It's no secret there are a few NBA franchises that are struggling in the current economic climate.
Heck, there were a few NBA franchises that were struggling before the current economic downturn. The Memphis Grizzlies, New Orleans Hornets, Sacramento Kings, and Milwaukee Bucks—among others—have been rumored for some time to be relocation candidates. Not to mention, cities like Kansas City, Anaheim, and Las Vegas have actively tried to lure an NBA team with promises of a great arena deal and a market that is starved for some pro hoops action.
A market that seems to not be on anybody's radar is Montreal. The entire NBA community seems to be scared of any Canadian city not named Toronto after Vancouver proved to be a failure as a viable NBA market. Adding further fear to the idea of heading north of the border is the fact that the Montreal Expos became essentially irrelevant in their final years of existence. Hockey is king and nothing can compete, at least that's what we were told.
So why should Montreal be considered as a possible NBA city? Well to start off, it has a metropolitan area of almost 4 million people. Vancouver? About half that.
Let's look at the demographics. About 1 percent of the population in Vancouver identify themselves as African-Canadian. In Montreal, approximately 7 percent identify themselves as African-Canadian. This is a significant difference, especially considering the fact that Montreal is a much larger city to begin with. Of course, I don't mean to suggest that the NBA is only popular with blacks. I would, however, venture to say that it is more popular with blacks than say, the NHL. Wouldn't you agree?
There are those who claim that French Canadians only care about hockey—especially their beloved Montreal Canadians—and that they would never support a pro team in another sport.
I beg to differ. Am I to believe that Toronto is any less passionate about the Maple Leafs than Montreal is the Canadians? I know Toronto is a larger market, but what about cities like Detroit and Boston? They are crazy about both their NBA and their NHL teams, and they are comparable in size to Montreal.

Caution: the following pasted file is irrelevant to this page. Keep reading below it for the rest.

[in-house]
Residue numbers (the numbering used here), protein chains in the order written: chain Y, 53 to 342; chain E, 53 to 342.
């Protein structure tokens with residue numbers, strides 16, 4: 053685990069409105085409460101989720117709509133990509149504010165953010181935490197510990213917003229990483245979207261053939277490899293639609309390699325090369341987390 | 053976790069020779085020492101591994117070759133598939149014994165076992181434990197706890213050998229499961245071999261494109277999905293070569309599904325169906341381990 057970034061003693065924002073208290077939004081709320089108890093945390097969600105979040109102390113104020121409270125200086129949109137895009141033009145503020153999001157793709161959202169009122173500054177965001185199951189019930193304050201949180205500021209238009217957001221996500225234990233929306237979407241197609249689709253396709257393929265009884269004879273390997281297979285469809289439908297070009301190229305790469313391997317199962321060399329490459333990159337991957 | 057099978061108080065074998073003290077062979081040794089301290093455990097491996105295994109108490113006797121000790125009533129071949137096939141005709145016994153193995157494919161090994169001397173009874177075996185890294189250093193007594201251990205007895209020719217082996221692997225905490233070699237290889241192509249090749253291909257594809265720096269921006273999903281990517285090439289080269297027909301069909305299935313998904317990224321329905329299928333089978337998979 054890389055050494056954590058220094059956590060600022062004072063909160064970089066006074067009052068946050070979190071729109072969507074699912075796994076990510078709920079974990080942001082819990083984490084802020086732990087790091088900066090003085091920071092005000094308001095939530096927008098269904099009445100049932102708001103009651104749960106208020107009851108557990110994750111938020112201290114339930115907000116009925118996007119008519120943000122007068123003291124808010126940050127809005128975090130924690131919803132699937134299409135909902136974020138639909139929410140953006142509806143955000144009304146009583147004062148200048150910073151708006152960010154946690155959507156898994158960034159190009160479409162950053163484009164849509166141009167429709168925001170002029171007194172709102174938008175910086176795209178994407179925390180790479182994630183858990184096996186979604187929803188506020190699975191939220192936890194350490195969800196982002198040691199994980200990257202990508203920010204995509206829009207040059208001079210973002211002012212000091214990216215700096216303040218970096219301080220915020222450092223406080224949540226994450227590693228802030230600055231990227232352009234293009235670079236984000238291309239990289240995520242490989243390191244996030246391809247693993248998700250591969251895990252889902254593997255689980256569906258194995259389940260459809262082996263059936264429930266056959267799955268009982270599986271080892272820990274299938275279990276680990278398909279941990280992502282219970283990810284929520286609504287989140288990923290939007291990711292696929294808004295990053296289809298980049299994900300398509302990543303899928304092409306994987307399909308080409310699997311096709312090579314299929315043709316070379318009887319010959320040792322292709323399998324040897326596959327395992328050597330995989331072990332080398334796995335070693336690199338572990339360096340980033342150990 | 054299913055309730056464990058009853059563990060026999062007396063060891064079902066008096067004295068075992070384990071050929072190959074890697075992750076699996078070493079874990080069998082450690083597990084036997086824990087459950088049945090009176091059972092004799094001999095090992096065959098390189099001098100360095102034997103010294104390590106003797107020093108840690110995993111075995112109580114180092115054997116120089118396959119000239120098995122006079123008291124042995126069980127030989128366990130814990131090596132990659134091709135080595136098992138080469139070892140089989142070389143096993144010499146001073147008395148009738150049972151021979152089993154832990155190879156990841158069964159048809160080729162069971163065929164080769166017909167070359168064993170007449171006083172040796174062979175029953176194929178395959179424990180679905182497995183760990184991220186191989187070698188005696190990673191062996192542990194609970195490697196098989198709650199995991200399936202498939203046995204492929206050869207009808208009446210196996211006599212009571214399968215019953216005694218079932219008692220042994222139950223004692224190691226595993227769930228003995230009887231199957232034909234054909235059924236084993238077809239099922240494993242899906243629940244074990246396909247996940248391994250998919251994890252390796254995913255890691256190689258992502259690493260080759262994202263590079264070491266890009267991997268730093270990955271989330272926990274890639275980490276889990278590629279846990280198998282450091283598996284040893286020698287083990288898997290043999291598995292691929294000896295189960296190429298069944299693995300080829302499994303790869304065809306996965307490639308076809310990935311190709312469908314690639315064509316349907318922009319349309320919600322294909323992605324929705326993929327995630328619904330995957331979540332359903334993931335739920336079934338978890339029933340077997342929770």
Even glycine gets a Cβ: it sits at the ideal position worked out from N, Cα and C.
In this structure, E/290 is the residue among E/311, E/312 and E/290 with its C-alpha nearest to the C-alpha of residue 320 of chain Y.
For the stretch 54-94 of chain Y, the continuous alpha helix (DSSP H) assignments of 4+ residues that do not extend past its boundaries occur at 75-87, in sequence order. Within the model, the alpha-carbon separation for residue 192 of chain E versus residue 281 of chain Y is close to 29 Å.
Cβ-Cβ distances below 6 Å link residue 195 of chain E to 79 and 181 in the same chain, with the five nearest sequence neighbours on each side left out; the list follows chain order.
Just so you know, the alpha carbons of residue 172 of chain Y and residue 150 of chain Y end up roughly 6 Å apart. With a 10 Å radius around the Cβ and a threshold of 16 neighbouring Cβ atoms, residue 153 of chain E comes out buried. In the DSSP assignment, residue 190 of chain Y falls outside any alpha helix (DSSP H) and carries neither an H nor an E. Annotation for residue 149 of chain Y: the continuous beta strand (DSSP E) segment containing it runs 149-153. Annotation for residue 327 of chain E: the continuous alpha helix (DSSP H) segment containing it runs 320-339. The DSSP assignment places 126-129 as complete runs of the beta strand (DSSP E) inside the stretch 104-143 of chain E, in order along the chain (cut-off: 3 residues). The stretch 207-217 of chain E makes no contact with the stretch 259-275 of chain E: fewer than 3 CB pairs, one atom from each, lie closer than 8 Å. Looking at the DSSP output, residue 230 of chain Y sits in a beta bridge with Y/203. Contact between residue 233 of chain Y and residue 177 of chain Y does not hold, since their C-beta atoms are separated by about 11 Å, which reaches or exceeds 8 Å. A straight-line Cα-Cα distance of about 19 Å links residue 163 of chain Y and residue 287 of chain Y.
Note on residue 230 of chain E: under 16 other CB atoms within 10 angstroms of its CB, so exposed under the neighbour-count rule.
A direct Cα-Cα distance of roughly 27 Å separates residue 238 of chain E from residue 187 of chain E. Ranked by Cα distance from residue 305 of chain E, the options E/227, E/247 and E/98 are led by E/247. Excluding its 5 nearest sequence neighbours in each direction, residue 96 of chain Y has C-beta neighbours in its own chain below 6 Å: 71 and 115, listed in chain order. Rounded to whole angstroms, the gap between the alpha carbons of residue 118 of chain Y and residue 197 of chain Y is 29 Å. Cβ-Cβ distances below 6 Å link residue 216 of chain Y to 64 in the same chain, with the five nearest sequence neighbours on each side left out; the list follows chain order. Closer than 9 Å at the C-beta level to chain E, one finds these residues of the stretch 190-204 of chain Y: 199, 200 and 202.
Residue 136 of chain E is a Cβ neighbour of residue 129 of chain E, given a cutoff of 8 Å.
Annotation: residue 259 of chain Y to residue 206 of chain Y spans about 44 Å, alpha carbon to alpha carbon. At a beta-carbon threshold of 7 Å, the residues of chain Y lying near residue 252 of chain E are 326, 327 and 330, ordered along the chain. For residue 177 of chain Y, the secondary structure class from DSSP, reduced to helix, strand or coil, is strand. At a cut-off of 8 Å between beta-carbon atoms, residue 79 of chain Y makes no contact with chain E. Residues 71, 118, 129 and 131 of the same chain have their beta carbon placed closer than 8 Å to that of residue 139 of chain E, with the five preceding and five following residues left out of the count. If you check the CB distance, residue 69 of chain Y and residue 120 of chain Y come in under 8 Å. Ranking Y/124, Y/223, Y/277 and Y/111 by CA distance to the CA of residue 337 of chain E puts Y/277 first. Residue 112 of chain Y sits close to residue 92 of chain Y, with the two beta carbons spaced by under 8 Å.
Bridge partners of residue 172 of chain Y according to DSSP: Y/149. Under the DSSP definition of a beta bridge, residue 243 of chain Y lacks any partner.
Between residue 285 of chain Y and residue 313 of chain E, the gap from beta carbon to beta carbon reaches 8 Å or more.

And what about Denver? They support both the Avalanche and the Nuggets without any problem and are approximately half the size of Montreal.
Granted, it would take time to build a loyal NBA fan base in Montreal, but it's like the old adage "winning cures everything." Why not lose money for a few years while building up your fan base, with the knowledge that eventually, with a winning product on the court, you have a viable market to tap into? Cities like Memphis, Milwaukee, and New Orleans will never be able to compete with Montreal in terms of potential. They don't have the numbers to.
So why did the Expos fail? There are several factors, and believe it or not, none of them had anything to do with Montreal's lack of love for baseball. In the early years of the franchise, they drew huge crowds, and they were actually a hot ticket in town. What happened in the 1990s was they were plagued by ownership that wouldn't shell out big dough to retain free agents.
Essentially, the Expos became a farm team for the likes of the New York Yankees and other such big spenders. The fans became upset, and then when they were promised a new stadium and didn't get it, they became even more angry.
The straw that broke the camel's back was the MLB strike of 1994. The Expos were in first place, and there was a buzz around Montreal about how well the team was doing. Unfortunately, it all went up in smoke, because the players and the owners couldn't agree on a new CBA. So the fans responded the only way fans can when they are mad—they stopped supporting the team.
The NBA has talked about expanding to Europe in the future and wanting to be the first North American sports league to be truly globalized. Montreal is a step in that direction. It is the second-largest French-speaking city in the world after Paris, and it has a very European feel to it despite being in North America.
If the NBA wants to go global, it should stop putting teams in places like Oklahoma City and start looking at Canada's second largest city.